Most of the time, we tend to hold onto things and objects that make us smile or revel in a sweet moment of nostalgia. The majority of the boxes in my basement that I’m slowly taking inventory of represent just that — special moments in time, embodied in a collection of like things. It’s cathartic to take a trip down memory lane once in a while and revisit those moments. Taking some time to make some tough decisions about whether to “let it go” and live on in memory or to dust it off and see where it should live today isn’t exactly fun, but sometimes it’s necessary.
A few weeks ago, I made a decision that a basement full of memories was a little too similar to living in a haunted house. I wanted to somehow honor the contents of the many boxes that lived there, but more importantly, I wanted to actively determine (on a gut level) if I needed to reclaim this space for my needs today. Armed with my camera, I decided to gather the contents of my boxes and give them their due, respectively, by creating an image archive. This would give me some time to figure out where these treasured things should live moving forward.
Going through these boxes, there were tons of moments when I was reminded of where I was at a certain time in my life. Yep, I cringed at some, nearly gagged at others and some made me smile, feeling a pure sense of freedom and growth. Some were just gross and needn’t be given another thought or photograph. Then I opened my paint chip box.
Never in my life did I think a box of 200+ 1×1 pieces of card stock could hold so much all-over-the-place emotion. Each color had a memory, each color name printed on the paper was heavy with meaning and equal signs. Somehow, a light purple color chip named Dreamland equaled Central Park with Sascha. It was a crazy color math equation that I never quite solved. I had opened Pandora’s box, disguised as an Amazon Prime package.
Needless to say, I had to let the box sit for a few days before tackling it. When I’d take a break from work and sit in my favorite chair in my living room, I felt as if the color chip was sitting directly below me in the basement, smiling all sorts of vaguely creepy smiles, as defiant and sassy as a middle school mean girl. The box was demanding attention and it was getting impatient.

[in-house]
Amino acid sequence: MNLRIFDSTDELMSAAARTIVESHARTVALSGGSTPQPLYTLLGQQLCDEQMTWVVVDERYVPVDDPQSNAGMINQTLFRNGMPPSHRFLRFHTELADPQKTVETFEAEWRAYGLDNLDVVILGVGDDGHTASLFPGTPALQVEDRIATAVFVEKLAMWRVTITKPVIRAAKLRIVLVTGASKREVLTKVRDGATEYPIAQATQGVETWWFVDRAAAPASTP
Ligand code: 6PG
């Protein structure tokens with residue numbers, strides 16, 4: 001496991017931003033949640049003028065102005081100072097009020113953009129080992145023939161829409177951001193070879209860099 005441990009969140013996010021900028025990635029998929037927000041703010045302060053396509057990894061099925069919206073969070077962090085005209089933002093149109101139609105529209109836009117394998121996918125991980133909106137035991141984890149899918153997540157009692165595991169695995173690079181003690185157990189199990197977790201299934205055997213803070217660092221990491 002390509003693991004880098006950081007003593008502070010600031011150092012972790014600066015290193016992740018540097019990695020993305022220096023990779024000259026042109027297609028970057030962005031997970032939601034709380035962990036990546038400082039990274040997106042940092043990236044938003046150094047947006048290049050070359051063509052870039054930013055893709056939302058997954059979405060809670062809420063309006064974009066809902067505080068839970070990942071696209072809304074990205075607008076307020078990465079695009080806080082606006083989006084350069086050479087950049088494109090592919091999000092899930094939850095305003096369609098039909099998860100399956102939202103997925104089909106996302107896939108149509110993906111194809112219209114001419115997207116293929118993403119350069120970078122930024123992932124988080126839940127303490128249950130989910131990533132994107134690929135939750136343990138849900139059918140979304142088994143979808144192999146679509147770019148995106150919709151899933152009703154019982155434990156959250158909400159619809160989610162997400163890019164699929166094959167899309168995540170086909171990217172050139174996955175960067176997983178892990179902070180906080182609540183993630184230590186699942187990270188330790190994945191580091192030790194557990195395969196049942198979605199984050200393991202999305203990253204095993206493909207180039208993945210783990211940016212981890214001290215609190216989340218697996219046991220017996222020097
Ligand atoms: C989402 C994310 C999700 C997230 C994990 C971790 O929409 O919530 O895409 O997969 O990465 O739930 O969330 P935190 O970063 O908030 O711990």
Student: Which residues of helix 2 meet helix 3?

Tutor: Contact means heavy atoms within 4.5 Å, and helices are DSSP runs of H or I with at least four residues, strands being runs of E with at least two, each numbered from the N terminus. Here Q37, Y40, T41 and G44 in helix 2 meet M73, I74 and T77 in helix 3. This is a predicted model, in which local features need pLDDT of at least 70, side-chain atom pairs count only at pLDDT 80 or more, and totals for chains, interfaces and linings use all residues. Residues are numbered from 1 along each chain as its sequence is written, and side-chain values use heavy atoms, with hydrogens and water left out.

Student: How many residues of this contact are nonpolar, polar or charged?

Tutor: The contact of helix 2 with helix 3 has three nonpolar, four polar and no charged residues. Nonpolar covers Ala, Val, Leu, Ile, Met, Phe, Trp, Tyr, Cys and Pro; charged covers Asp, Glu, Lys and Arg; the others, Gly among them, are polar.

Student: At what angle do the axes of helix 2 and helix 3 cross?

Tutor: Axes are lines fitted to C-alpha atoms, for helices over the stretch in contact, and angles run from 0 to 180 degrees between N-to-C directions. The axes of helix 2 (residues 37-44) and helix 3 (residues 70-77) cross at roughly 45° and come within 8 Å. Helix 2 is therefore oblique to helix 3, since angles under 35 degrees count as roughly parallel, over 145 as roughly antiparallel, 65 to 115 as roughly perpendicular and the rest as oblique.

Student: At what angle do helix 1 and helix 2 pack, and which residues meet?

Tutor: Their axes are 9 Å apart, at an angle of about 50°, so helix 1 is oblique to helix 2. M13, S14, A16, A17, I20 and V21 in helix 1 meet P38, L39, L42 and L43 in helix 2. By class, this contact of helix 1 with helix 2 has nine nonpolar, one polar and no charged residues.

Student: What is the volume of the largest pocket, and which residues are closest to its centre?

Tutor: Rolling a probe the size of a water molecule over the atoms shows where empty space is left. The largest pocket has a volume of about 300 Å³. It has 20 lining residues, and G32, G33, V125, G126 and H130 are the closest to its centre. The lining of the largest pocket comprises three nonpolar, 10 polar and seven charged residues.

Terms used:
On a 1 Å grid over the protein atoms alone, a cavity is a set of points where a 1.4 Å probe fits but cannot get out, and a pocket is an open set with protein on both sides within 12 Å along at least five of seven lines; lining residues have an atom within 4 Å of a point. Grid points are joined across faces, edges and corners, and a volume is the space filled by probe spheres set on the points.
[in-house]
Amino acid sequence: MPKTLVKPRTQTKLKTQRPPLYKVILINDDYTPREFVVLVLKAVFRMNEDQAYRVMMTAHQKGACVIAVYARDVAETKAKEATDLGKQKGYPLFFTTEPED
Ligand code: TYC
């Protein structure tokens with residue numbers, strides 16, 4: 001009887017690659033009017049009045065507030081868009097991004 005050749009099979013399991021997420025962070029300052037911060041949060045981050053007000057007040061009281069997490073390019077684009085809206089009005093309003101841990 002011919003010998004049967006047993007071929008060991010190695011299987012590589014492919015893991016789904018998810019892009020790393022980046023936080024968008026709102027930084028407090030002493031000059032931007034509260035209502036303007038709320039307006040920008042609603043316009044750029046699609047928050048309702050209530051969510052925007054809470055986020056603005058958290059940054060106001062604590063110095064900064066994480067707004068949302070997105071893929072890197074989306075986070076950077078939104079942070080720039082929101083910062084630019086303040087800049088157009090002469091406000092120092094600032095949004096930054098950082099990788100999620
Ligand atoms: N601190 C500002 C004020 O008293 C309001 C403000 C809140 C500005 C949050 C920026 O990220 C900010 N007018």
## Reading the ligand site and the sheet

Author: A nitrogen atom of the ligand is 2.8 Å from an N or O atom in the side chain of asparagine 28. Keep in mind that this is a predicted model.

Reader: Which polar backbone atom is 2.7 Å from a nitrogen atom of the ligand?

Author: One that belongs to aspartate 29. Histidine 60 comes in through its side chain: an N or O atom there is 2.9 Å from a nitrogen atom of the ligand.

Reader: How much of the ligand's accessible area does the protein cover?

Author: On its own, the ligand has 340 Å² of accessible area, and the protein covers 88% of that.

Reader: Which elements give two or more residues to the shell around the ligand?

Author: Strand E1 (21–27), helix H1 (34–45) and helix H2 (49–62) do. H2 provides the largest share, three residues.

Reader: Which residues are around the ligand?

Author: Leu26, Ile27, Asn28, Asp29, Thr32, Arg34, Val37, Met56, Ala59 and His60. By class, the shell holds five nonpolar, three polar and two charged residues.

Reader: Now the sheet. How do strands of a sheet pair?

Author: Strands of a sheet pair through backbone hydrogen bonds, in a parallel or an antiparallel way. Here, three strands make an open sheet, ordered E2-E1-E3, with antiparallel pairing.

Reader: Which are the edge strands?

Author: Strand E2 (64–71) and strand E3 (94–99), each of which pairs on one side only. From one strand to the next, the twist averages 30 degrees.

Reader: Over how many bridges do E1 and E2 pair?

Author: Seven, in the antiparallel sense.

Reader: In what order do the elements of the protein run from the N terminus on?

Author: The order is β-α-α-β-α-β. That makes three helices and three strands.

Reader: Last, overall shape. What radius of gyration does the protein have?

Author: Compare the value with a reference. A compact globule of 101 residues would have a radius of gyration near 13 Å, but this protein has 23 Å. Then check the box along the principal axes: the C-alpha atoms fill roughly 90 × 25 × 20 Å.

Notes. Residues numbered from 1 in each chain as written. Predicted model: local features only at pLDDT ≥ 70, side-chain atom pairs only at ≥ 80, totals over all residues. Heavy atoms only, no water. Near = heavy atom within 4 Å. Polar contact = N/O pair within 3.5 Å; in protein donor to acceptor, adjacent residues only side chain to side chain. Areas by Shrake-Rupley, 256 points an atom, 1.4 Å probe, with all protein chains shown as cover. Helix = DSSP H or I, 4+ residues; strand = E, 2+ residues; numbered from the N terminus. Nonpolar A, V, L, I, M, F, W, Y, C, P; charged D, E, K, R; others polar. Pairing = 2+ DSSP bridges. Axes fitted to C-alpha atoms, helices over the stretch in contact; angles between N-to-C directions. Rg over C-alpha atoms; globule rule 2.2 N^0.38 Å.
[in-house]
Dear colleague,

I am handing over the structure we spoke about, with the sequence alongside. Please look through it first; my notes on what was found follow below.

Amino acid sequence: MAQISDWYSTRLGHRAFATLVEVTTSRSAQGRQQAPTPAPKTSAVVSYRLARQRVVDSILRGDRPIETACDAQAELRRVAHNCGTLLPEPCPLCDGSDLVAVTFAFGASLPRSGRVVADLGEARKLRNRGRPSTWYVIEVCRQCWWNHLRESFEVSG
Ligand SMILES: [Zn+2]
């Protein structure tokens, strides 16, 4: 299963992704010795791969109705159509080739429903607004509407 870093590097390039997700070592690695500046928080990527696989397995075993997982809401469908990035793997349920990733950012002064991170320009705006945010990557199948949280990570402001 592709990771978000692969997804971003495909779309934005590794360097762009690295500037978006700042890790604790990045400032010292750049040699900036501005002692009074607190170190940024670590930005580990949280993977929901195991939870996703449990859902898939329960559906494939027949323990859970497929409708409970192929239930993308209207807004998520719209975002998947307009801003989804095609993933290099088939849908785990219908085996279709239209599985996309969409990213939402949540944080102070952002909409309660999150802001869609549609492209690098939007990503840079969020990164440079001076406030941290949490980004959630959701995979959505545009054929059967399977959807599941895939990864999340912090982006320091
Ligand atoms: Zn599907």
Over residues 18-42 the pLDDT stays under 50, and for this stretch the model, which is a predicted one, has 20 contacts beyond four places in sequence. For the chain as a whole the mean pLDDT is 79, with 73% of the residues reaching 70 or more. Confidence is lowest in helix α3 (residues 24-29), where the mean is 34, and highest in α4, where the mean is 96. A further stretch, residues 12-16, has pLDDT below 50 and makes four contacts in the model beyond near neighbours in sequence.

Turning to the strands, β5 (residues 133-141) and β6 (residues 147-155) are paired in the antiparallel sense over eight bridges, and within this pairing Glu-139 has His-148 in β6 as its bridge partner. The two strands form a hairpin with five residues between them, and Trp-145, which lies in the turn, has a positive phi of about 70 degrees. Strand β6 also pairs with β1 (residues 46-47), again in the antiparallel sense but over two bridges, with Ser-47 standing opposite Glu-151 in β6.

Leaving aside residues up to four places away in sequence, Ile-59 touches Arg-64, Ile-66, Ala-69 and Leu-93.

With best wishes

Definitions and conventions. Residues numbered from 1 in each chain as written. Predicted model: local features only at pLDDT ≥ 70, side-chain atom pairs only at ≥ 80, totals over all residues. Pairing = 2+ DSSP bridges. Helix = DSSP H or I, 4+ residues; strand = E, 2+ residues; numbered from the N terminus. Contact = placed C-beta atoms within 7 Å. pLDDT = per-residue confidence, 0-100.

Just like the familiar scene in horror movies, I made my slow and cautious descent down the basement stairs, almost hoping for something to jump out and take my attention away from the box. No such luck. Not a single rodent, snake or masked figure came to my rescue. It was just me and a bunch of boxes. And the box, still open with the paint chips spilling out like a beautiful waterfall, whose powerful force could pummel you on the rocks below.
Armed with my camera, I suddenly realized that taking photos of 200 chips wasn’t that practical. It was downright weird and quite possibly the biggest waste of time I’d indulged in. So I grabbed a dusty chair and sat there, going through each paint chip one by one. As the saying goes, I laughed, I cried and I also cringed, gagged, giggled, and cocked my head trying to remember every detail of the memory embedded in the color at hand.
I told myself jokes to get through some of the more painful memories, like, “This is the original memory chip. Take that, technology!” And finally, three and half hours later, I had gone through the entire box and I was exhausted. Sadly, I realized that I still had no idea what to do with this box or where it should live.
I was left with a familiar feeling, though. I couldn’t quite place it, but it was one made up of part nostagia, part grief and a ton of knowing smiles. Then I came upon it. It was the feeling that I have when I sit down to paint. I’m not “a painter,” but I paint often and love how I get lost in the process, but never have a creative hangover because there is a tangible result and a container for what I was feeling. It just feels complete.
I picked out the 20 colors I had the strongest reaction to and headed upstairs to capture the emotions they aroused on paper with some gouache. I wrote down a simple summary of what the chip reminded me of next to the quick painting, and it worked! The feeling ended like it did when would I paint portraits from old magazines or the flowers on my porch. All gone! Preserved, honored, recognized and felt fully. They now had a place of their own and I had mine.
The next day, I trotted down the basement stairs, grabbed the box and walked into town to drop it off at the local shop where they hold art classes for kids. As the delighted kids reached into the box and grabbed handfuls of squares, I wanted to shout “Be careful with that one,” or “Macaroni and cheese is really special,” but it passed and it passed quickly. I knew that the memories were in good hands and would turn into to something even more beautiful and hang in a window that I’d pass every day.
I smiled as I thought about Dreamland, pasted on construction paper with flowers around it and the words “By Emma, Age 8.” —Caitlin